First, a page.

RE: J: Competition & Bitterness & Randomness

From:	mas
Subj:	J: Competition & Bitterness & Randomness

I don’t like competing, partially because I am a sore loser.

I identified with alot of what you said. I am a technologist as well who is good in his field. I’m actually a little worse because I have not branched out as much from my own department which as you have probably noticed is not the best place to find decent challenges.

There is a definite arrogance in how I see my department. I really do think it is justified. I have a new Hadlock story. =) I sent him this neat algorithm about how representing a tree in a relational database using a preorder traversal instead of an adjacency matrix could greatly reduce the computation time for several queries finding branches, leaves and paths to root. (Essentially reducing it from order n to order 1 allowing it to be done in a single query.) The whole e-mail was of the form “An adjacency matrix requires this operation to be done in this way… This new representation though allows a query like…” The response that I got 3 weeks later? He sent me a word document with an adjacency matrix in it and asked, “How is what you are doing better than this?” There are only three possibilities. One, he doesn’t know what an adjacency matrix is. Two, he didn’t read my message. Three, he just doesn’t give a shit.

My bet is #1. Yesterday he told my databases class that he “didn’t really know sql.” He “just copies it out of access.” For those uninitiated, Structured Query Language is literally “the” language for querying relational databases. Not the language as in the most popular, but the as in the only.

Sorry, I just get so frustrated because regardless of how little he knows he is still the teacher and I will still get my grade from him. There is nothing that I can do about it.

There is something to be said for people who make really good programmers. I don’t know many honestly. M and I are all that come to mind. It takes being intelligent. Being able to do sensing and intuition both well (software design being extremely intuitive and computers in general being the most linear things around.) It certainly doesn’t take these things to be able to program. In much the same way it doesn’t take very much to be able to paint, but to be able to do it well is a real art.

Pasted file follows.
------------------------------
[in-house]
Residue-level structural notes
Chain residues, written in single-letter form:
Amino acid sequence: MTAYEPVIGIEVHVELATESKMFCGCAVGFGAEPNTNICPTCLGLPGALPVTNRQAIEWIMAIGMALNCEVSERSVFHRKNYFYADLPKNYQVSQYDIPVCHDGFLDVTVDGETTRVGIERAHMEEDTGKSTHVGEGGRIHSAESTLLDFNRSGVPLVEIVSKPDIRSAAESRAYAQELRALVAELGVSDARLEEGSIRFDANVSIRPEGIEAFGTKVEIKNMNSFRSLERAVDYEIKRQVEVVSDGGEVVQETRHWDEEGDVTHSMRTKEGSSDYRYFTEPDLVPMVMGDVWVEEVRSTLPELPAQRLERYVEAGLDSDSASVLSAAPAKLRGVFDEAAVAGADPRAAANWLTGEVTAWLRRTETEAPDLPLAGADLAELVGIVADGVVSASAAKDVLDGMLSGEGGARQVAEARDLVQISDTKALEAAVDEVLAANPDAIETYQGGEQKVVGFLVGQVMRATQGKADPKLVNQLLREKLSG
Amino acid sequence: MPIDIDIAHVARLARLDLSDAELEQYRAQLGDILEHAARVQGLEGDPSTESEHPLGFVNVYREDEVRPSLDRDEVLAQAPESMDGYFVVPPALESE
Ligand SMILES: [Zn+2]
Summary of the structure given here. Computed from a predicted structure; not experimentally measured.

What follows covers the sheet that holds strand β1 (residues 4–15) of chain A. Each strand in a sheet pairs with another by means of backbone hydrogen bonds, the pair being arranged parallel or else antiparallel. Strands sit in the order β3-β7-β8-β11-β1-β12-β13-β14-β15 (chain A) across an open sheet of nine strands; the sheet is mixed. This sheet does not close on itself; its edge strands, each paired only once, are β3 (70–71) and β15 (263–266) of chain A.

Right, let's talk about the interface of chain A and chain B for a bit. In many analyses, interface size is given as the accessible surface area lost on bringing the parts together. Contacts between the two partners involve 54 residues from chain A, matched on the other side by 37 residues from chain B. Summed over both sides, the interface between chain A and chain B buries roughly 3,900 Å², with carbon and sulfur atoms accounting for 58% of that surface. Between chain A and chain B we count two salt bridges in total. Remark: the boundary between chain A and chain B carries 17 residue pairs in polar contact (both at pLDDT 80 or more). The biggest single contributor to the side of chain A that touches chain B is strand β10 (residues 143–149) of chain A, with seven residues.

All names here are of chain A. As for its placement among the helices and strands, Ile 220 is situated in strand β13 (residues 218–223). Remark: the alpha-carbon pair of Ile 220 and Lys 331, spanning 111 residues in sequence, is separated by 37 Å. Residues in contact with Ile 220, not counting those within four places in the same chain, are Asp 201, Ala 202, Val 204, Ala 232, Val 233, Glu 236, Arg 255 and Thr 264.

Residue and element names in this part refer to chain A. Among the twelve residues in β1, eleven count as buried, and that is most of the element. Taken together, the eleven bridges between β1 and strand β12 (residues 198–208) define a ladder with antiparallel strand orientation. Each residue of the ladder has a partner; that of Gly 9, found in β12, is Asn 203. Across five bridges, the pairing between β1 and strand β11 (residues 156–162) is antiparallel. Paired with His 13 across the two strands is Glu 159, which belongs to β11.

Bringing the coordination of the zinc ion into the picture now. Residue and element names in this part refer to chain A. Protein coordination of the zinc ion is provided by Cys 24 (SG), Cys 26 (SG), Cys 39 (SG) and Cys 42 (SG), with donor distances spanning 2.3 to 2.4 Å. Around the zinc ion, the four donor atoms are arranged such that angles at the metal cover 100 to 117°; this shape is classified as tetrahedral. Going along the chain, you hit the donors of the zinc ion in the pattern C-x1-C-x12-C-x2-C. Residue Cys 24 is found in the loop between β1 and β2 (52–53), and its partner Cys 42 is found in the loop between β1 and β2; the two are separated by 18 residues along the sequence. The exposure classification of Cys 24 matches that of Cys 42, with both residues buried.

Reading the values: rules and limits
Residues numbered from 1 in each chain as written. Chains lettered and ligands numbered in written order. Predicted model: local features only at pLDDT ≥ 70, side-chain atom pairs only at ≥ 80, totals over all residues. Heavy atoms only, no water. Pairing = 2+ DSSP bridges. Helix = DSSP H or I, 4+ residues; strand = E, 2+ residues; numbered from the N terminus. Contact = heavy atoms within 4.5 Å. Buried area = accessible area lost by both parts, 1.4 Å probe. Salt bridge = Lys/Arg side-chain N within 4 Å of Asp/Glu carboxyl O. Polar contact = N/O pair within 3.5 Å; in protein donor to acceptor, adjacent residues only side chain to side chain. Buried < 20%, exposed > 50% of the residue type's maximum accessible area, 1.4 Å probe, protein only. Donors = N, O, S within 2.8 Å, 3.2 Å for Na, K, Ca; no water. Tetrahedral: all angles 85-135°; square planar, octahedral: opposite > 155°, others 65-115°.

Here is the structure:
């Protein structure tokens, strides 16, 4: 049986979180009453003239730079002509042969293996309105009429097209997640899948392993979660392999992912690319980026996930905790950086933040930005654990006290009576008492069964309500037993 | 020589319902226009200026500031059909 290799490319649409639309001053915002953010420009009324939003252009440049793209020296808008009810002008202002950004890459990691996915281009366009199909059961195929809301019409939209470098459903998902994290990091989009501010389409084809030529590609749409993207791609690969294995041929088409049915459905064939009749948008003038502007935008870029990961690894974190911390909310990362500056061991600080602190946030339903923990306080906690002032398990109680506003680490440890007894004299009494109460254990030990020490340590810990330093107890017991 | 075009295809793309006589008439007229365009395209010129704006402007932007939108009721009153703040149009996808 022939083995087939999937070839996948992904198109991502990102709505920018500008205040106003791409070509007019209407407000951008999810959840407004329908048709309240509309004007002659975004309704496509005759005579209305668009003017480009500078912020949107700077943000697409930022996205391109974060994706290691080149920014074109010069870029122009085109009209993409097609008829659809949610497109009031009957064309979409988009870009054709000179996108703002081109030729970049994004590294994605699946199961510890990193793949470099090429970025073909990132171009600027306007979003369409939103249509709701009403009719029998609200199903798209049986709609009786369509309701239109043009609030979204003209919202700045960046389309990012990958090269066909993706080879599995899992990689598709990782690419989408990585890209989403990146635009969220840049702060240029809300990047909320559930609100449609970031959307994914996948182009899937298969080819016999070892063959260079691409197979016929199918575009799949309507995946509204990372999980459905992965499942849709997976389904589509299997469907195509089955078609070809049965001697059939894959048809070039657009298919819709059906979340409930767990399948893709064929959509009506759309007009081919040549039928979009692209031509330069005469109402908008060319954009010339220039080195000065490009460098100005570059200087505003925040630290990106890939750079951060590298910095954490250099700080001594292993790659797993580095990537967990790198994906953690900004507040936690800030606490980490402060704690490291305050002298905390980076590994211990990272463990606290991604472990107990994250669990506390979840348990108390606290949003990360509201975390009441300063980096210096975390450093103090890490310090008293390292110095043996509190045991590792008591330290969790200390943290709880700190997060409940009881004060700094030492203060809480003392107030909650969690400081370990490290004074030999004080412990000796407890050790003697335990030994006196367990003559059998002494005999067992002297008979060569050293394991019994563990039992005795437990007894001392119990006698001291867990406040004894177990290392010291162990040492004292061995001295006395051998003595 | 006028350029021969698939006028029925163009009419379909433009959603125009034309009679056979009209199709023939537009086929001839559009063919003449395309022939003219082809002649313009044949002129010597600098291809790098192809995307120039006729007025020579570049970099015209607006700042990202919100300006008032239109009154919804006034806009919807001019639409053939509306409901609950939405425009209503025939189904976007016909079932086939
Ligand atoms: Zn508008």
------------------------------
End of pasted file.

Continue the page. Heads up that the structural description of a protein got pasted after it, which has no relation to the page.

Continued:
I was talking some to S and I think there is more of an ability disparity in computers some of the time because there aren’t people flocking into journalism for the money. The people who are there are there because they enjoy the subject and likely have some skill at it. The people who are really good are all people who really love doing it.

But anyway, I went to the IEEE SouthEastern Convention last weekend in South Carolina and entered the programming competition. We came in 4th place which is somewhat respectable but no plaque or anything…

That’s cool. I wish someone had told me long ago that I could be in IEEE. Getting involved in the school of engineering I bet will be one of the best ways to find real challenges.

I’ve been thinking more and more about getting involved in some programming projects; now my task is to find some.

If you are interested I have some stuff I would really like to see done.

There is a concert this Thursday. Oscar’s Downfall, Dimple’s Malone, Fatmandrool, Djychge. Pretty much all the local bands. It is on the main quad at 6. Have you heard about it? I haven’t other than from being on the habitat for humanity mailing list. It certainly hasn’t show up in my mailbox. There have been several campus events that have been good ideas for good causes that died for lack of proper publicity.

One of the projects I would really like to is a calendar with distributed maintenance. I pick what classes of events or organizations I am interested in and if events that meet my criteria are added I get notified. Also, individuals have the ability to manage events for a specific organization rather than everything having to go through one office. A neat twist that I have been wanting to play with is webs of trust where the believability of a message can be raised by the people who sign off on it and how trusted those people are. If the president of the university sends it then it is great. If bob the anonymous sender posts it then it is more questionable. The amount of trust a person has comes from what other people trust them and how much they are trusted. I could say I want to hear about any musical entertainment events from moderately trusted sources.

I think that would be both a challenging and useful project that could see some widespread usage. I have sort of been laying the groundwork for it in my playing with the photo gallery.

M wants to have a hackathon sometime over the summer two or three days of straight coding. I told him he could use my house. If you would like to come play I think you would be a good addition. Also, I don’t know if I mentioned it to you or not, but there is a graph theory conference at etsu over the summer may 20-24, ( and if you want to go to that and crash at my house you can. I live about 15-20 minutes away from etsu.

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